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Unlike Penn State, child sex abuse case at Syracuse at beginning stages as feds investigate
SYRACUSE, N.Y. (AP) ' Syracuse men's basketball is unbeaten and unsettled.
Former longtime assistant coach Bernie Fine is under investigation for child molestation, and coach Jim Boeheim's future has been called into question in this his 36th season.
Two weeks after vilifying two former ball boys who accused Fine, Boeheim used his postgame press conference Friday to apologize for questioning the accusers' motives and admitted "this has been a hard time."
During Friday night's win over No. 10 Florida, some 24,000 Orange-clad fans packed the Carrier Dome and cheered as always for the man who is the face of the program.
But the allegations have rattled the Syracuse community, especially so soon after the Penn State child sex abuse case in which former defensive coordinator Jerry Sandusky is accused in a grand jury indictment of sexually abusing eight boys over a 15-year period. University trustees fired Paterno on Nov. 9, four days after charges were filed against Sandusky, amid mounting pressure that school leaders should have done more to prevent alleged abuse.
"Those 1 million people in this (metro) community, they were traumatized and continue to be watching this unfold," said former Syracuse mayor Tom Young. "It's put people on edge, especially people in positions of responsibility pertinent to this case. They have taken a deep breath and they're allowing the investigation to take its course."
The cases at the two schools are often compared because they involve long-tenured, iconic coaches in highly successful programs rocked by allegations of sexual abuse against children. But there are crucial differences.
Penn State's troubles erupted publicly when Sandusky was formally charged Nov. 5.
In Syracuse, the child molestation allegations came out in the media the same day local police opened an investigation. The U.S. Attorney's Office and the U.S. Secret Service are now leading the investigation.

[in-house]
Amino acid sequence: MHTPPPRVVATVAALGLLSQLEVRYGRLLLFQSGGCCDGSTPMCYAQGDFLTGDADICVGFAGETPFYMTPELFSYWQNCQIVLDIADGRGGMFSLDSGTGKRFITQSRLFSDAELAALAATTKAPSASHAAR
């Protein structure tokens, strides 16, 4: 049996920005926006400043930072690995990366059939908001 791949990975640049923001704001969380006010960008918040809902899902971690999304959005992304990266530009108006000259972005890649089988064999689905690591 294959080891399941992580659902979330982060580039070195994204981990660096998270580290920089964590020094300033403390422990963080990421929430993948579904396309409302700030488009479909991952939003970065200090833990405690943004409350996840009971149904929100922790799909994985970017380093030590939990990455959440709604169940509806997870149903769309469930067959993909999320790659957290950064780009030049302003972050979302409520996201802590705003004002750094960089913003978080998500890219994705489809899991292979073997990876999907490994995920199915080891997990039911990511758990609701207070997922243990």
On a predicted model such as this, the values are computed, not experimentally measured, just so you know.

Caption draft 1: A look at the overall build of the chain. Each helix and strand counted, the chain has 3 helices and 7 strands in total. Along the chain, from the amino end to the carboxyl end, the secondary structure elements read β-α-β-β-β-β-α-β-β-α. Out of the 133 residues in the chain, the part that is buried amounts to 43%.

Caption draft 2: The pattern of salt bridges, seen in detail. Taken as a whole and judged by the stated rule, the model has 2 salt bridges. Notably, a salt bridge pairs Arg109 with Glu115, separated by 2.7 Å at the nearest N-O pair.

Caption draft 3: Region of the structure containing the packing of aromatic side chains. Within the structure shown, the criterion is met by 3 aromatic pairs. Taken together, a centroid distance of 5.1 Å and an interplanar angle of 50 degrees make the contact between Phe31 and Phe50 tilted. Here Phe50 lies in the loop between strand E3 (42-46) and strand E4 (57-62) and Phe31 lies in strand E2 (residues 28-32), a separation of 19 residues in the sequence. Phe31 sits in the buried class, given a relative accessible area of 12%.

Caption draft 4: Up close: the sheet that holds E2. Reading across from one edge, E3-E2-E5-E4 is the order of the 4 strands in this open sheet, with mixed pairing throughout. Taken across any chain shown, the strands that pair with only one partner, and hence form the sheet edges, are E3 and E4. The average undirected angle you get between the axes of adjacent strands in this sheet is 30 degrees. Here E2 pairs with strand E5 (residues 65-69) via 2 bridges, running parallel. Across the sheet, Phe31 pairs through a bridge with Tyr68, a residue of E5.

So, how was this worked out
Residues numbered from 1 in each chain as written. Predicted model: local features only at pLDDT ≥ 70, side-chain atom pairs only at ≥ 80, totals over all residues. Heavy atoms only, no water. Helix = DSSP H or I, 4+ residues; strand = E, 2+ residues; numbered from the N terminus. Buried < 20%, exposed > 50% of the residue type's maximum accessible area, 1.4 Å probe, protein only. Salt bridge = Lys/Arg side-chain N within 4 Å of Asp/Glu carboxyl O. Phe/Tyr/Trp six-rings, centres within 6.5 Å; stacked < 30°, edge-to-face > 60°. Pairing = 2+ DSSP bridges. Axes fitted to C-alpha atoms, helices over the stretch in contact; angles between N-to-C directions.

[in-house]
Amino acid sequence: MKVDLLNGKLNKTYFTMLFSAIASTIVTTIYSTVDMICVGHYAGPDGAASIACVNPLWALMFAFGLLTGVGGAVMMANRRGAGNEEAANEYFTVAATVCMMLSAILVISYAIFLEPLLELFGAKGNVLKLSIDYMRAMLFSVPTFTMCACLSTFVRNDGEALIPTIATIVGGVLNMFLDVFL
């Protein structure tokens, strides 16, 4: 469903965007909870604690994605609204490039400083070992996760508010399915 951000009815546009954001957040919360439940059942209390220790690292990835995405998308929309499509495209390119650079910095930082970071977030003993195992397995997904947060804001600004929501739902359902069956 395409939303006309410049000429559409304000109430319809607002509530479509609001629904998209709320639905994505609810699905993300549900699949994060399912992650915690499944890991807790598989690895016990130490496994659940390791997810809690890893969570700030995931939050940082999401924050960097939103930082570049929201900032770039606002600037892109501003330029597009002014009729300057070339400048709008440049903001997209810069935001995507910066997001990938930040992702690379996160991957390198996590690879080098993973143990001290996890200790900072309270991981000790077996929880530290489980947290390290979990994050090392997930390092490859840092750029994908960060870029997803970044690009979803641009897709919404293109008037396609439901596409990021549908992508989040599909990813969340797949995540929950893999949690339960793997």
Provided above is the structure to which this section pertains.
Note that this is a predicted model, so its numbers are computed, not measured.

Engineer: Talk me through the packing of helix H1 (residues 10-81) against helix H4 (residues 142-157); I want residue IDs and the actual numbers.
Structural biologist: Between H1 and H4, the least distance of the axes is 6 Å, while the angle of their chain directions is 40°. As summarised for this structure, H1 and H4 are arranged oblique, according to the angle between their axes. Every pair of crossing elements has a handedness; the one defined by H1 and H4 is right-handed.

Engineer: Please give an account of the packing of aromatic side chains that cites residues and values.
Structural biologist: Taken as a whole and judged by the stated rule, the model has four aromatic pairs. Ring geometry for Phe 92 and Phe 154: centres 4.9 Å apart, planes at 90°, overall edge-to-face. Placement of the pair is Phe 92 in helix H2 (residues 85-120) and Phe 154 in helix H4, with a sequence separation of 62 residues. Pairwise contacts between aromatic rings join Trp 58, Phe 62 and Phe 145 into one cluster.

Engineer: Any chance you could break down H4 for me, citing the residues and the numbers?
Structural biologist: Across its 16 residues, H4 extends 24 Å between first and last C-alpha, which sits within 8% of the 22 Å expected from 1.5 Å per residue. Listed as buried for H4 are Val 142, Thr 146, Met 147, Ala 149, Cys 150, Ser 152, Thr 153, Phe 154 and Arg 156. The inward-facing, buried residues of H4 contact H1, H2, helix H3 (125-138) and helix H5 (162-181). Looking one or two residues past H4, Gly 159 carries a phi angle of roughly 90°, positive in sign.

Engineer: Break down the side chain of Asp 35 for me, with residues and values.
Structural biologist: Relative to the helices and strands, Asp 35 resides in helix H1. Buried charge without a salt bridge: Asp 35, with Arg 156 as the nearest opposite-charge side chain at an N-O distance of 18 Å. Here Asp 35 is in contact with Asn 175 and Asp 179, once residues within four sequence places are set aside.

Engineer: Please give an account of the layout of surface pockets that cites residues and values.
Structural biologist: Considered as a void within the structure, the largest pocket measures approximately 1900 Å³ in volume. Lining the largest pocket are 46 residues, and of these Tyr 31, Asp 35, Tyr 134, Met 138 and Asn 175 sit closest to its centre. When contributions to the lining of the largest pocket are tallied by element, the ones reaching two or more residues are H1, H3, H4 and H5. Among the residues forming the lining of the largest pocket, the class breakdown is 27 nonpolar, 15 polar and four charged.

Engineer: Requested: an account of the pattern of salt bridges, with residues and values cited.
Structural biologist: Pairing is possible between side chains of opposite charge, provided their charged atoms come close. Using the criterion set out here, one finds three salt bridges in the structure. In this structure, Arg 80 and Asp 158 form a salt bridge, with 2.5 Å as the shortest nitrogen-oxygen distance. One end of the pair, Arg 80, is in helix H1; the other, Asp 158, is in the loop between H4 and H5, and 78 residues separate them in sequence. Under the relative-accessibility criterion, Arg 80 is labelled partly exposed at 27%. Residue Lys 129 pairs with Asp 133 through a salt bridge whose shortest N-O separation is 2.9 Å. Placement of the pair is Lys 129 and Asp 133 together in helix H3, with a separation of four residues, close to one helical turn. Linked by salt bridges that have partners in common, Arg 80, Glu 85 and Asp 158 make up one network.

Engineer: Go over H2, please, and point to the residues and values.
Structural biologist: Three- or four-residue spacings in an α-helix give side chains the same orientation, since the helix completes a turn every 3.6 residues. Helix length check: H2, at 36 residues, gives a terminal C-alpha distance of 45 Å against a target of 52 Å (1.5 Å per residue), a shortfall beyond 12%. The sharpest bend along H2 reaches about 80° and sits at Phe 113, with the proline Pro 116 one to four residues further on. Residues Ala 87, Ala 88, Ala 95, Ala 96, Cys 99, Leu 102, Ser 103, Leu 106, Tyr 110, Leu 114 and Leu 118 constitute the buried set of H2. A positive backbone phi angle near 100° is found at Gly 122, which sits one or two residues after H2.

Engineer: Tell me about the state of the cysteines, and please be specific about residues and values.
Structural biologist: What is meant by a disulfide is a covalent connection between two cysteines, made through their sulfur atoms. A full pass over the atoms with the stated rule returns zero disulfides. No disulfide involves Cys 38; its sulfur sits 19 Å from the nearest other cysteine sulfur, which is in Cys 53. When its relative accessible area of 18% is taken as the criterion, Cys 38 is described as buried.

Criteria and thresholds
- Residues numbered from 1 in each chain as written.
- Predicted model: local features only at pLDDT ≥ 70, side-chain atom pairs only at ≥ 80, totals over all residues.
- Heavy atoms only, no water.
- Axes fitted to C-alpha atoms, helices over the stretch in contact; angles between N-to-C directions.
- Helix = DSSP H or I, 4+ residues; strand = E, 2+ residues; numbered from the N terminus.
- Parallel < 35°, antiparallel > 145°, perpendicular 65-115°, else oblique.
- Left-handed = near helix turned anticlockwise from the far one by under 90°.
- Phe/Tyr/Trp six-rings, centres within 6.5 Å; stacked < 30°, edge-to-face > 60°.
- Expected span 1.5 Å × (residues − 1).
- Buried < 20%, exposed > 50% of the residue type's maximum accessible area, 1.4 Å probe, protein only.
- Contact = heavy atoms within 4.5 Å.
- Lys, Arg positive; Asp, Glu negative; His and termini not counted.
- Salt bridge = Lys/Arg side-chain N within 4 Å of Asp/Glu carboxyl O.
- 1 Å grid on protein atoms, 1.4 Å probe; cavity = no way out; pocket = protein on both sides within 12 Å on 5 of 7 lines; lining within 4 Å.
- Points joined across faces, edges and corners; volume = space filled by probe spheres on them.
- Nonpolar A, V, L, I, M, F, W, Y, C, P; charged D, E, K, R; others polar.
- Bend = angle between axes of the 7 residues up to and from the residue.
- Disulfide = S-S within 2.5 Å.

Two former ball boys told ESPN last month that Fine molested them decades ago. Bobby Davis, now 39, said Fine molested him beginning in 1984 and that the sexual contact continued until he was around 27. A ball boy for six years, Davis said the abuse occurred at Fine's home, at Syracuse basketball facilities and on team road trips, including the 1987 Final Four. Davis' stepbrother, Mike Lang, 45, who also was a ball boy, told ESPN that Fine began molesting him while he was in the fifth or sixth grade.
Fine called the allegations "patently false" and has not spoken publicly since. The university fired him last Sunday after a third accuser stepped forward and ESPN played an audiotape, recorded by Davis, of an October 2002 telephone conversation between him and a woman ESPN identified as Fine's wife, Laurie, in which she says she knew "everything that went on."
Adding to the uncertainty and anxiety was Boeheim himself.
When the allegations first surfaced, he staunchly, even defiantly, supported his old friend and said the accusations were lies to capitalize on the Penn State scandal and make money off a lawsuit. When Fine was fired after a third man came forward and the tape was revealed, Boeheim changed course, releasing a statement saying he regretted any statements he made that might have been "insensitive to victims of abuse." Last Tuesday, he said it was wrong to question the motives of the men but said he defended Fine based on what he knew at the time. By Friday night, Boeheim had softened his tone again. In a halting voice, he paused frequently as he fully apologized: "I shouldn't have questioned what the accusers expressed or their motives. I am really sorry that I did that, and I regret any harm that I caused."